Optimize differential measurements on high-speed interfaces

High-speed serial interfaces often transmit data with differential signaling. For probing on the signal, trace differential probes are used. Besides the differential inputs, these probes often provide an additional connection for ground – especially the higher bandwidth models. The ground connection on the R&S®RT‑ZMxx modular multimode probes can be used to improve measurements on high-speed differential interfaces.


Your task

Your task is to measure high-speed interfaces such as PCIe, USB 3.1 and 10 Gbit Ethernet, which use differential transmission. Differential signal lanes use a positive and a negative line referenced to each other instead of one signal line to ground (single-ended transmission). The measured differential signal is the difference between the negative and positive input. Because of their high impedance inputs, differential probes can measure signals between any two potentials as long as they are within the dynamic range of the probe. The differential probe measures and amplifies the voltage difference of the two signal levels.

T&M solution

To analyze high-speed interfaces accurately, it is important to carefully select the differential probe. Fig.1 shows the simplified measurement setup of a differential probe with positive (VP) and negative (VN) input voltages measuring a USB 3.1 Gen1 signal. In this example, the USB drive is connected to a laptop that is not connected to the mains. It shows the differential voltage (VDM = VP – VN) and the common mode voltage (VCM = ½ (VP + VN)).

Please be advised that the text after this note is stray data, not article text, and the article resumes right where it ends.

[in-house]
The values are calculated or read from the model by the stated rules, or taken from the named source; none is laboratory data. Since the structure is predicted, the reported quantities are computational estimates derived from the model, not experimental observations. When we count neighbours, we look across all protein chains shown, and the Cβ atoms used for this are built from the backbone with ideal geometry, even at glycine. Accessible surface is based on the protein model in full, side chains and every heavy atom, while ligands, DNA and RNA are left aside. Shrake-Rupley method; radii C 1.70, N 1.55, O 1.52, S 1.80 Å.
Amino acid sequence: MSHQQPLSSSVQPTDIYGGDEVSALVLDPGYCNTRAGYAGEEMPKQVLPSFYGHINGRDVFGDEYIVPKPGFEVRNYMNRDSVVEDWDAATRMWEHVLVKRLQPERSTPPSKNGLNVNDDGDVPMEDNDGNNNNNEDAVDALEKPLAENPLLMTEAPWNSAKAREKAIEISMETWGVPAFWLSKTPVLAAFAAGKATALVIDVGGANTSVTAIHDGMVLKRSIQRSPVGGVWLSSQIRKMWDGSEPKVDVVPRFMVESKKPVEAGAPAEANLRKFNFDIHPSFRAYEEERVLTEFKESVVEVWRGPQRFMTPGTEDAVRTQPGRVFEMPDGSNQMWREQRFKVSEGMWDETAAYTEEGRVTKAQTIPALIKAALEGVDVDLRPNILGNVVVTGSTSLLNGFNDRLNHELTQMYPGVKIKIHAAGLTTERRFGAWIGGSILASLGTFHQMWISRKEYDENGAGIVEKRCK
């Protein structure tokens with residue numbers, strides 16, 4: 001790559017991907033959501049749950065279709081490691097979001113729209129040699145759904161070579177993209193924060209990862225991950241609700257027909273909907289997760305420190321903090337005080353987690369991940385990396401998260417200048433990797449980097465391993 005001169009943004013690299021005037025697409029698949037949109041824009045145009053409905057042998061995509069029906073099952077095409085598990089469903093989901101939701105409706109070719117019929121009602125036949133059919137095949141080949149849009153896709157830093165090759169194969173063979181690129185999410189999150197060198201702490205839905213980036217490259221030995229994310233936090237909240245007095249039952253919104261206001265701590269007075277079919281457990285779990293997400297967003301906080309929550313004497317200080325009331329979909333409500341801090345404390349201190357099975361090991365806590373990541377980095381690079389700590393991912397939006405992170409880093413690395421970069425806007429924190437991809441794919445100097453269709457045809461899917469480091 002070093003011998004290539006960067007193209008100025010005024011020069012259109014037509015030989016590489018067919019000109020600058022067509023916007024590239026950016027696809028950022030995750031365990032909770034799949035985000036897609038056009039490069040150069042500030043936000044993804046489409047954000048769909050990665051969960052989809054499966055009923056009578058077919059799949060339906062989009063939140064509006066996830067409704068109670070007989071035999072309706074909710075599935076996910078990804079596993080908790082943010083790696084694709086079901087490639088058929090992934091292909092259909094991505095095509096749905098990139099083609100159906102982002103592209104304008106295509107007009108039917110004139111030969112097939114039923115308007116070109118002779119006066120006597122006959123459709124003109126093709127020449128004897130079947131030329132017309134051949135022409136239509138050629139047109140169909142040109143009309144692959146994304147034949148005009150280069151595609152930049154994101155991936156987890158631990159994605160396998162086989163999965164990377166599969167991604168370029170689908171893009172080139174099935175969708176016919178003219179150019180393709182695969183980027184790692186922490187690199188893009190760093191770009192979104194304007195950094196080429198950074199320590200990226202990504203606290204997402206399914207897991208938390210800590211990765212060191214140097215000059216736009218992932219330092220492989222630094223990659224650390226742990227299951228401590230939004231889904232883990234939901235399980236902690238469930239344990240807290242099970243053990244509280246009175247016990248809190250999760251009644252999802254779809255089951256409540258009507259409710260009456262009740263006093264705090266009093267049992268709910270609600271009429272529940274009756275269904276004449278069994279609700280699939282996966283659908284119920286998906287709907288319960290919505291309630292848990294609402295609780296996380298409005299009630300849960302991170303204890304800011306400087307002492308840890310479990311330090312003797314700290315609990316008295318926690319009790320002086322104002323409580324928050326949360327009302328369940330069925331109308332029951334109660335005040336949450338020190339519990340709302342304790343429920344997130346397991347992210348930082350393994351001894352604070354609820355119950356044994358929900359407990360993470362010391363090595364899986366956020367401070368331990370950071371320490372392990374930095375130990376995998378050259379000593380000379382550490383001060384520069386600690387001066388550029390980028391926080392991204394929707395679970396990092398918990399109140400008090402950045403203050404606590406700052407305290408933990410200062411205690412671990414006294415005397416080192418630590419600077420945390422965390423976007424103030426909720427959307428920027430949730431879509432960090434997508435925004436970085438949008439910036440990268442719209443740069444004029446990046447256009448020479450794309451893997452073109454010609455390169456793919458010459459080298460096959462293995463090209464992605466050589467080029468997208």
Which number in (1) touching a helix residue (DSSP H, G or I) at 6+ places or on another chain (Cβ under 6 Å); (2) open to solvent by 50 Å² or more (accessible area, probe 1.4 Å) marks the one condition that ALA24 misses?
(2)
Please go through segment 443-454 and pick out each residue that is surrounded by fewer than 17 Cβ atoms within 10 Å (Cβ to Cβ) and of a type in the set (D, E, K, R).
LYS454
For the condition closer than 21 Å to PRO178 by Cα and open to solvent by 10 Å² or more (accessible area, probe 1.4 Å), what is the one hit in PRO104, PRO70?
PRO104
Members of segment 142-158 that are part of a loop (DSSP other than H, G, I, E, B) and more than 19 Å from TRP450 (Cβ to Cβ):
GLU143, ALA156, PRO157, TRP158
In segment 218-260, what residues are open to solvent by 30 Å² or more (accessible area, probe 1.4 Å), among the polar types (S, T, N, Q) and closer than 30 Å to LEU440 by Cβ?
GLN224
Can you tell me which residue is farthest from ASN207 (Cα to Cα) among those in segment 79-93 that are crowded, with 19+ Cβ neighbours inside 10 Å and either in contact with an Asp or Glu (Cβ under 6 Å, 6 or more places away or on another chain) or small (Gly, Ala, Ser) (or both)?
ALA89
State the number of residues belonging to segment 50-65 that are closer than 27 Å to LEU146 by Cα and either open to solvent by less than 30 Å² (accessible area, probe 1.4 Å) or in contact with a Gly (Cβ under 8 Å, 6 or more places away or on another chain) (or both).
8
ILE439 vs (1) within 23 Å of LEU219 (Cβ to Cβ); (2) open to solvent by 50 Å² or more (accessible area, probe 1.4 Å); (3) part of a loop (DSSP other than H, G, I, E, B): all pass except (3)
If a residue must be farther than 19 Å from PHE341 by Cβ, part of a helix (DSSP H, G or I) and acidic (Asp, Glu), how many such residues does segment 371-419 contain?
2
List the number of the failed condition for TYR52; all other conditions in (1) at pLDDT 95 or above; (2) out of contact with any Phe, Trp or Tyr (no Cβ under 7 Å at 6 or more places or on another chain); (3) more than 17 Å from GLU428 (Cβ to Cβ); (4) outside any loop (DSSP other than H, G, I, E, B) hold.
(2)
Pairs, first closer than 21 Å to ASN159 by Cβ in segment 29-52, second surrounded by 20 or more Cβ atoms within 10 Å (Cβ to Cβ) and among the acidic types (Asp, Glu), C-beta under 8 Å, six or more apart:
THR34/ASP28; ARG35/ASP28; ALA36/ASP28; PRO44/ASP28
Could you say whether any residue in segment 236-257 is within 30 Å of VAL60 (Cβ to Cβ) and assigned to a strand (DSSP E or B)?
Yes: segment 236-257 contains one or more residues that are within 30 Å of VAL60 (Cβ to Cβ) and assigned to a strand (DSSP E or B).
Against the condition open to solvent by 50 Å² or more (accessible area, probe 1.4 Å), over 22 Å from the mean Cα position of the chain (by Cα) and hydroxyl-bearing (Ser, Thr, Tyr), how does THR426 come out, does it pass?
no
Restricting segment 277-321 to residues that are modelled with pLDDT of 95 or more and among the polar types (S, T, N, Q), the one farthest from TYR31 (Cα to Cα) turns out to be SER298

The probe also has a connection to ground. This connection has a parasitic and usually unknown inductance Lparasitic that depends on the ground quality and properties, e.g. the distance to ground. A high ground inductance results in a deterioration in the quality of the measured high-speed signal due to the frequency dependence of the common mode rejection. A ground connection is necessary to improve the common mode rejection ratio (CMRR) of the probe.


The influence of the ground connection on differential measurements can be analyzed based on the setup in Fig.1:

  • The USB drive is connected to the laptop
  • The transmitting signal is detected by the R&S®RT-ZM60 modular probe, which is connected to the R&S®RTO2064

The first setup uses the ground connection in the tip module. In the second setup, no ground connection is made for comparison reasons to show the effect of this additional ground connection.

First the common mode of both setups (with/without ground connection) is measured, afterwards the differential voltage. The R&S®RT-ZM modular probe is an ideal choice because it allows you to switch between differential mode (DM) and common mode (CM) measurements without reconnecting or resoldering the probe.

Fig. 2 shows the CM voltage measurement result. The blue waveform represents the measurements with a ground connection (setup 1). The yellow waveform shows the measurements without a ground connection (setup 2). The peak-to-peak (PTP) and root mean square (RMS) voltage of the CM voltage are shown in the measurement result box “Meas Results” on the right, making it possible to compare the CM voltage of both measurements.